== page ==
Greg Sandow is one of most known US researches of crisis manifestations in today's classical music. He has been teaching a course on this subject at Juilliard School, Graduate Studies Faculty, for over twenty years. He is also the contributor of a widely-read blog on the future of classical music, and author of the book "Rebirth: The Future of Classical Music", some parts of which can be read online (chapters 1, 2, 3, 4, 5)
Greg Sandow spent years researching the field both in theory and in practice. The analysis of tendencies and figures as well as participation in live events where he is an active consultant had led him to believe in gradual but steady drift of classical music from the center of Western culture to its periphery. His opinion is quite pessimistic about reversal of this momentum.
Here are some notes from his blog:
Portrait of a crisis (October 2, 2013)
How the old ways faded (September 16, 2015)
Lessons to learn (December 18, 2015)
According to Greg Sandow, aging and shrinking audiences, fund cuts, huge drop in sales of recorded music etc are the results of not being on the wavelength of contemporary life. Not the classical music itself, but the ways it is interpreted and presented to people in the broad sense are becoming obsolete. It does not speak to digital natives, according to the modern terminology.
He urges the musicians to be more intelligent, analytical and aware of current trends, to find relevant forms of delivering their art to today's and future audiences. Enquiring minds, wide erudition beyond the music, readiness to experiment, entrepreneurial skills and more along the same lines are the traits the new generation of classical musicians needs to a much greater extent than the previous ones.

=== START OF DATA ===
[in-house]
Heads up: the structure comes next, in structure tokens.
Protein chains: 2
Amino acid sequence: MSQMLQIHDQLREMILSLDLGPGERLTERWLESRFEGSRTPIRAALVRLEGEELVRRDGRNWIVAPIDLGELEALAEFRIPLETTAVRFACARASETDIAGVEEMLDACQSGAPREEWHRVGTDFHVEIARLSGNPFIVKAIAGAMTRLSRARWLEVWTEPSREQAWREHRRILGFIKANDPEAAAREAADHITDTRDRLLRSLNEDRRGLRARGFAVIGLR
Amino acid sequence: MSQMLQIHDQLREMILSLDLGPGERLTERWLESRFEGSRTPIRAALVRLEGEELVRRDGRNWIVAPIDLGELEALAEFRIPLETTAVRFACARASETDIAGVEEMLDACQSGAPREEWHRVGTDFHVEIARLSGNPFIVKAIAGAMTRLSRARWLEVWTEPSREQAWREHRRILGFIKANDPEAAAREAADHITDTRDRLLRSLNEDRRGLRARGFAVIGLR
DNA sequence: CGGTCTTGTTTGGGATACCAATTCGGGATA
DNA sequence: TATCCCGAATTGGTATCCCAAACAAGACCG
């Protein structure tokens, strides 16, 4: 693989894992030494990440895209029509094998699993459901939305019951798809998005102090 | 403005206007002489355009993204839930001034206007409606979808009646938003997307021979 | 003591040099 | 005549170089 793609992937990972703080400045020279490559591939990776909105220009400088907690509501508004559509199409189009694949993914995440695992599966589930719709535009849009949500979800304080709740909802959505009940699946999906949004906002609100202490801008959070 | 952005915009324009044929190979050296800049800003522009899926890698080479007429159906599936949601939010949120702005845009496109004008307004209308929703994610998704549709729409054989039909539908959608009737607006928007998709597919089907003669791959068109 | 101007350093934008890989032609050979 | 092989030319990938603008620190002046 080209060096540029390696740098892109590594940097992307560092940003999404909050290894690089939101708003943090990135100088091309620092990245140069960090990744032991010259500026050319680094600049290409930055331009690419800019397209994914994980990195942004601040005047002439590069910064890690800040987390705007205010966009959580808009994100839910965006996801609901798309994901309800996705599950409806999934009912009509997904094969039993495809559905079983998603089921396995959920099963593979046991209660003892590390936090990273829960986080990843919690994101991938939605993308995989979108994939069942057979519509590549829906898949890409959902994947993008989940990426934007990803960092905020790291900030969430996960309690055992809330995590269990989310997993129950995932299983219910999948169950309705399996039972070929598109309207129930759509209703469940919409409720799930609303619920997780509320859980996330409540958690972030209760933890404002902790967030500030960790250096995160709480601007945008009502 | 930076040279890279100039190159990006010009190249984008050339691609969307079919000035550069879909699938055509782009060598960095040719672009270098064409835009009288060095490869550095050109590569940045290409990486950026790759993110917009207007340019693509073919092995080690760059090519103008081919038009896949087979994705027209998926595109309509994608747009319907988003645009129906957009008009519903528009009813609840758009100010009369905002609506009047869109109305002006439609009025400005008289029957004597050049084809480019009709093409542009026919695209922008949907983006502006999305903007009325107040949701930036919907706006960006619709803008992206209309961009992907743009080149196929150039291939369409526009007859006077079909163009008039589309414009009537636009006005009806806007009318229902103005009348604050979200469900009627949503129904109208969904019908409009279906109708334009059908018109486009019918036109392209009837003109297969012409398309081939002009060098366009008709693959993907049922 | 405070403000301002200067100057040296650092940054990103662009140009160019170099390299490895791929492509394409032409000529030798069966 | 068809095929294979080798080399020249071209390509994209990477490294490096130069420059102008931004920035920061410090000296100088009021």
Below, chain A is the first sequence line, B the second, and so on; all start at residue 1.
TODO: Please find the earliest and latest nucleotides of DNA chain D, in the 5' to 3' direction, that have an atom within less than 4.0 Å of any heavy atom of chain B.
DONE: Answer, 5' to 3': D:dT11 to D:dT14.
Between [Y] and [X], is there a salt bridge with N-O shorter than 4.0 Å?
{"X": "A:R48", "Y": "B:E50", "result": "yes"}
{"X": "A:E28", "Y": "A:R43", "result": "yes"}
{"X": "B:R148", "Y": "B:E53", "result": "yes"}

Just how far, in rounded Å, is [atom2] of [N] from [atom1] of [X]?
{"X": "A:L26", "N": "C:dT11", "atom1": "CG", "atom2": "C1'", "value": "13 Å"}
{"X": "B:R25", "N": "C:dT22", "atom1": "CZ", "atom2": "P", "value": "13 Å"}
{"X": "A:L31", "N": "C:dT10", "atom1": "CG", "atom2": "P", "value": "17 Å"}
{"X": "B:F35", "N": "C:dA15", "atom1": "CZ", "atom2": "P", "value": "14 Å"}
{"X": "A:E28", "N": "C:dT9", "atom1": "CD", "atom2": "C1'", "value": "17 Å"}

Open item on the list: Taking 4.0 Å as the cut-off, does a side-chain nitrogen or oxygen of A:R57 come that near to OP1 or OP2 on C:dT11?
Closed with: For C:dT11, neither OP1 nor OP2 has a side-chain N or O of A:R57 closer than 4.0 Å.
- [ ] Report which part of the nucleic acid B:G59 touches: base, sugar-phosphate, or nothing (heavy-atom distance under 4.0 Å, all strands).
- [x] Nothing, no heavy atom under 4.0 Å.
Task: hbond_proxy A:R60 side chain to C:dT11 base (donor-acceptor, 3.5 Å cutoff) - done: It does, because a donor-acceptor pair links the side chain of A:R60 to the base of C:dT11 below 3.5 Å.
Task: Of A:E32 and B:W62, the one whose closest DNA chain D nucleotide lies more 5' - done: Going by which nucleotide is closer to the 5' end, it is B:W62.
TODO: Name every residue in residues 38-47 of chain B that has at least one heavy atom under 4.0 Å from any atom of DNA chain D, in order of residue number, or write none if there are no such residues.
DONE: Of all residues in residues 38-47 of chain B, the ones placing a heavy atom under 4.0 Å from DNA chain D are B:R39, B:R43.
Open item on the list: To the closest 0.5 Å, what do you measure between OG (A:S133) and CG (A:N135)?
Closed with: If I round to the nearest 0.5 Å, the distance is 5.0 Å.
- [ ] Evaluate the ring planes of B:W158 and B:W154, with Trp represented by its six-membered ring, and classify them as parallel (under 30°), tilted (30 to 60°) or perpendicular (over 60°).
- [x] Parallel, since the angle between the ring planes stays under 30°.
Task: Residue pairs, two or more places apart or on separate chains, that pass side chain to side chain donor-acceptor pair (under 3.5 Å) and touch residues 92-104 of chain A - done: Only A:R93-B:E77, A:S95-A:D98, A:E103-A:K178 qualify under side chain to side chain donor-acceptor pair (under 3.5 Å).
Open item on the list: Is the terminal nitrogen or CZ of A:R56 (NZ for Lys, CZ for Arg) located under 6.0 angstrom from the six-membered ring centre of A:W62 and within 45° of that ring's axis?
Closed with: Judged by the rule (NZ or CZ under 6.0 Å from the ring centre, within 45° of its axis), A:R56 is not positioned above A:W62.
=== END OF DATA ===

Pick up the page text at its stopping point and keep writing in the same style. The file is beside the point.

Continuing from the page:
Some words from his 2016 New Year input:
"As we head into 2016, we - meaning we in classical music - have to focus more than ever on the future...
The new audience isn't coming to old-style events. Not in numbers large enough to keep things going. The world has changed. People have changed. We have to do something new.
We don't just want to plan new-style events, coexisting with what we've been doing for years. We have to look to the future when all the events will be new-style. We have to plan for this now. The new-style events we do now aren't just something nice, something we do on the side. They're our path to the future."
There are a lot of those who do not perceive the situation to be in a such an alarming state. In Europe and especially in Asia, they say, the things go much better than in North America. Fair point. But probably, the truth is also that if we want to see what will happen in Europe within the nearest 10 years we have to look at what is happening in the USA today.